The audience experiencing this picture is taken on a pleasurable roller-coaster ride of emotions. As my friend pointed out, she felt the range of human emotions without getting sick to her stomach. There are some points during this movie when the audience was practically on the floor laughing – I had stitches in my side when I walked out (Sissy Spacek has a small but HILARIOUS part in this picture). But there were also many times when I was as nervous, suspicious, or afraid as any of the characters in the movie. And I can tell you there wasn’t a dry eye in house when the film ended. On the whole, the movie was a feel-good film. There’s also such a deep sense of credibility in this film which really captures the reality of southern life in the 1960s. Like Driving Miss Daisy, the director was able to translate the flavor of the south onto the screen.
The Helpon 20 J0000008America/Chicago, 2011
Driving Miss Daisy has been one of my favorite movies about racial relations in the South for a long time, but I believe it has now been surpassed by leagues by The Help. The Help is about a young white graduate of Ole Miss who, trying to make a name for herself as a writer, decides to put together a book of stories about life as an African American working for white people. She slowly befriends two black maids and begins to uncover the other side to life in the deep south in the 1960s.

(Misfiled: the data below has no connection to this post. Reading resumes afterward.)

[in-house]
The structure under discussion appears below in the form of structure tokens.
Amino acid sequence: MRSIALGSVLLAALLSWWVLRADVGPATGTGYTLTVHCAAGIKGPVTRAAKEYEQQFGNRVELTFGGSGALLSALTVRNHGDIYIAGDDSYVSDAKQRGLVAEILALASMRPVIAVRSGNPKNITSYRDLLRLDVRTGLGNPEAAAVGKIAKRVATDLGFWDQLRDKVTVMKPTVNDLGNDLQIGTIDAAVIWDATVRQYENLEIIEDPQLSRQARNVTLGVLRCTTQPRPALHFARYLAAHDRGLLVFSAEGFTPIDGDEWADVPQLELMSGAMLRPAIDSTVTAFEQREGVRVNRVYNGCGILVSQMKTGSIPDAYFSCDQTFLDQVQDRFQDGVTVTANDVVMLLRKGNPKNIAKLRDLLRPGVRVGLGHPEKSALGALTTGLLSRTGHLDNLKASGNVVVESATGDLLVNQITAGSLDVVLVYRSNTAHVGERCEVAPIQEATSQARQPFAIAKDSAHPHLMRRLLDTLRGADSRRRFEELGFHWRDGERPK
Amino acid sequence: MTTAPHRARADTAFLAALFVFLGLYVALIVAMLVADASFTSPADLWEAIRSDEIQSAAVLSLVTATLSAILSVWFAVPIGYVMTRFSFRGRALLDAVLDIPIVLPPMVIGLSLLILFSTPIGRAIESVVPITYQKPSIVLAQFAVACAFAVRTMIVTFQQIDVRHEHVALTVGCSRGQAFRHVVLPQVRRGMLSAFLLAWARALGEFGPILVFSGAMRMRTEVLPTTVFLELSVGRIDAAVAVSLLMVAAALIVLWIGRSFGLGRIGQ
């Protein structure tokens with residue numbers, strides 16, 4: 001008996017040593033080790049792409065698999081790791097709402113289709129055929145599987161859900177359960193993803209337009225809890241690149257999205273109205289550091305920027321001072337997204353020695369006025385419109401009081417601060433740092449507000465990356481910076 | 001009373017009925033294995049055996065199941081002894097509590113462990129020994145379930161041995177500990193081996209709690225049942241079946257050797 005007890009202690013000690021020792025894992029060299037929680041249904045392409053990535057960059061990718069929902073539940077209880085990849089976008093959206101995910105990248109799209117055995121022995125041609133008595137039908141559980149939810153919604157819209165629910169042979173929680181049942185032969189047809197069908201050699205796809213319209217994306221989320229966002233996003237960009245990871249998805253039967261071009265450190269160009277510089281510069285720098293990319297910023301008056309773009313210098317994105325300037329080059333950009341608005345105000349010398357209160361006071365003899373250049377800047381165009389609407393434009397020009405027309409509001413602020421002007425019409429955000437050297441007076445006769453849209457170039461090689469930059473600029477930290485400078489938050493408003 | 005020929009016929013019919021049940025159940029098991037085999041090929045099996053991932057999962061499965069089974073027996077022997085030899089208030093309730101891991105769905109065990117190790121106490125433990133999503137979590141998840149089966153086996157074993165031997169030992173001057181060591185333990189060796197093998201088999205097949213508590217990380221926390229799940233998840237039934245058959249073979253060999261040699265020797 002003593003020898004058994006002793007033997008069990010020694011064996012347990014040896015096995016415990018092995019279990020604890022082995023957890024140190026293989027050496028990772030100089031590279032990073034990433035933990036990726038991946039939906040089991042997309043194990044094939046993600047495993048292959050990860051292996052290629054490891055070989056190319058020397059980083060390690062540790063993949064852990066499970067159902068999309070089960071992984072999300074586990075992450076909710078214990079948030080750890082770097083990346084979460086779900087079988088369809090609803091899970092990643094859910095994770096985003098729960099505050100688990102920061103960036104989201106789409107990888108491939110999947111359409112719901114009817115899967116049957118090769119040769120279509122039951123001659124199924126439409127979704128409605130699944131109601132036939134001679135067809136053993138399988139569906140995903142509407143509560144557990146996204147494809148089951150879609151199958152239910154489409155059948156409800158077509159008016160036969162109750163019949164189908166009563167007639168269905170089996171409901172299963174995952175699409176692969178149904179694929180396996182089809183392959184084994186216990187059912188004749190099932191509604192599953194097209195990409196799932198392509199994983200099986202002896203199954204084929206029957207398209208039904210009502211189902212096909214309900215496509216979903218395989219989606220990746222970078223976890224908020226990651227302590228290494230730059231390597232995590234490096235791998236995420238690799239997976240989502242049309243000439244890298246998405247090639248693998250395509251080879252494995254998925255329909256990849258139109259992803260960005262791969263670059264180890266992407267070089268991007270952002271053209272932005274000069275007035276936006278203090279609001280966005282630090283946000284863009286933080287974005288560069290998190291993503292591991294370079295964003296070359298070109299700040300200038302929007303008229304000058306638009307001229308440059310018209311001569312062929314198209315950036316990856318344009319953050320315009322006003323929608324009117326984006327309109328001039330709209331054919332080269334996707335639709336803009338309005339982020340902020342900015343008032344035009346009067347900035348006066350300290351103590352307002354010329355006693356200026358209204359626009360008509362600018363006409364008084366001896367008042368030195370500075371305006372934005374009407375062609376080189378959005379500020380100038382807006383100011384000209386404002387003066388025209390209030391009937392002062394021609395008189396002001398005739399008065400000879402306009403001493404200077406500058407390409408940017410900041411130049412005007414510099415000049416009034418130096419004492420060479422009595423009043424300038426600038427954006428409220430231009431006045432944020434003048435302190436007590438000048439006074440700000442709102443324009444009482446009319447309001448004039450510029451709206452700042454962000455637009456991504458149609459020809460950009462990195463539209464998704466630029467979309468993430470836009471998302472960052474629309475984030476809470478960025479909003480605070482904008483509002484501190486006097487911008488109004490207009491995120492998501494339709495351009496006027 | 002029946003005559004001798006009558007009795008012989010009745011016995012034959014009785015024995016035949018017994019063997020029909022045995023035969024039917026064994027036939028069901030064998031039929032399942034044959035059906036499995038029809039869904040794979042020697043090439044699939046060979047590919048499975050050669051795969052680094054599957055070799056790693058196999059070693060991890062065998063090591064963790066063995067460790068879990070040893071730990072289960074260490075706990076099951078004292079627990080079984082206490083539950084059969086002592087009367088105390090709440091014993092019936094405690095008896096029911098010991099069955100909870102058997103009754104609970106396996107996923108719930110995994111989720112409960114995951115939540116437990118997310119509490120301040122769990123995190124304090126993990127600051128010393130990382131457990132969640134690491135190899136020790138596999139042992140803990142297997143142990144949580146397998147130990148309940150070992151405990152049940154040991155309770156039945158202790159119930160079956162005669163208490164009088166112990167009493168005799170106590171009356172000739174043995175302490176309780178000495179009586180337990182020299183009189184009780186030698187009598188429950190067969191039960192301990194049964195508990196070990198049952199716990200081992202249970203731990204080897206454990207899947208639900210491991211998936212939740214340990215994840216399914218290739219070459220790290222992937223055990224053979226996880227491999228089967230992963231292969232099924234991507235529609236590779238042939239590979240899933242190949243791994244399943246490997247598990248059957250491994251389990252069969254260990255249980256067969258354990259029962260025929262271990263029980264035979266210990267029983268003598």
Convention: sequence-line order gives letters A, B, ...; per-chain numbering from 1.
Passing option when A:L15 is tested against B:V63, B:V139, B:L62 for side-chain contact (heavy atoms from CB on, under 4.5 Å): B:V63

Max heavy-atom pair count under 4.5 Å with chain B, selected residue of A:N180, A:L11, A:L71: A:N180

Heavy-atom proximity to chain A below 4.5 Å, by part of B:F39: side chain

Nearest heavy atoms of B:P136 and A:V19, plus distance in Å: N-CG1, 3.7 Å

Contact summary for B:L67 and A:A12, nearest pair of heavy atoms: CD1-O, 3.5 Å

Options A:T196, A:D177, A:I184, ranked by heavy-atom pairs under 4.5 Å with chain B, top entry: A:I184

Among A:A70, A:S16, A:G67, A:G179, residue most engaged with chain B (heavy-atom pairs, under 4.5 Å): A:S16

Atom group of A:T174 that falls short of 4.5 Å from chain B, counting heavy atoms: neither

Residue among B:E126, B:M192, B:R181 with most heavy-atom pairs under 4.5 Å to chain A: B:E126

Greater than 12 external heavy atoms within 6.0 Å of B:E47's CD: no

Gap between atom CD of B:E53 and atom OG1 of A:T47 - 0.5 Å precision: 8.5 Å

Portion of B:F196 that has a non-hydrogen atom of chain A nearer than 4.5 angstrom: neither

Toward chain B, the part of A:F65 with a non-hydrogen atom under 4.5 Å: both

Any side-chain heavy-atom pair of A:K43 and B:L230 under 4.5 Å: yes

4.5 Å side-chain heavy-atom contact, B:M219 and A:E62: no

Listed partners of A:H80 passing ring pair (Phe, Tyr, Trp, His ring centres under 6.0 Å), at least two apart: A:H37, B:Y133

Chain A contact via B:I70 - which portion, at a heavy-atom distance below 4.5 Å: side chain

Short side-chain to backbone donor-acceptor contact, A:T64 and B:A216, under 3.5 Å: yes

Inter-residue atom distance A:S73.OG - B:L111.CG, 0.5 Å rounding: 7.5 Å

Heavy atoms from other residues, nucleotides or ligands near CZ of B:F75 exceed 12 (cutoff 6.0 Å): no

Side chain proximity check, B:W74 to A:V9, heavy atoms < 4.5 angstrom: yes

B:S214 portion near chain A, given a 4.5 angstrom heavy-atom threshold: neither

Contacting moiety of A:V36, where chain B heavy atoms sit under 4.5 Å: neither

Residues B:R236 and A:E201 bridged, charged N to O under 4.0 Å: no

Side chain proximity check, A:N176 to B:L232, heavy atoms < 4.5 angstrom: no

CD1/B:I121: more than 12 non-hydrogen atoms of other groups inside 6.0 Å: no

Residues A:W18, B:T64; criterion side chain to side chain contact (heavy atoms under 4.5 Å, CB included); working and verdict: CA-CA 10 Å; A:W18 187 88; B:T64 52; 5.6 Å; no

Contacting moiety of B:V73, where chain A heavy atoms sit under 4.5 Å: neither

Although at first I thought the movie was going to be about the writer, Skeeter (not Rita), the film is narrated at the beginning and end by Aibileen, the maid helping her with the stories. The story of the movie is usurped by the two wonderfully strong characters of Aibileen (Viola Davis) and her best friend Minny (Octavia Spencer). The performances given by these two actresses are out-of-this-world amazing. I really forgot they were actually actors. They offer a picture of black womanhood in the south which salutes the strength, intelligence, and courage expressed by these participants in American history.
The Help is a beautiful movie on every level. The cinematography, music, script, wardrobe, and casting departments put together one of the best films I’ve seen this summer. I STRONGLY recommend that one go see this movie in cinemas. Although there may be one or two scenes which are not appropriate for young children, I would also encourage you to take along as many young people as are appropriate because it is essential that the young people of America come to understand the true situation of race relations in the 1960s, and there’s no better way than through film to get this point across.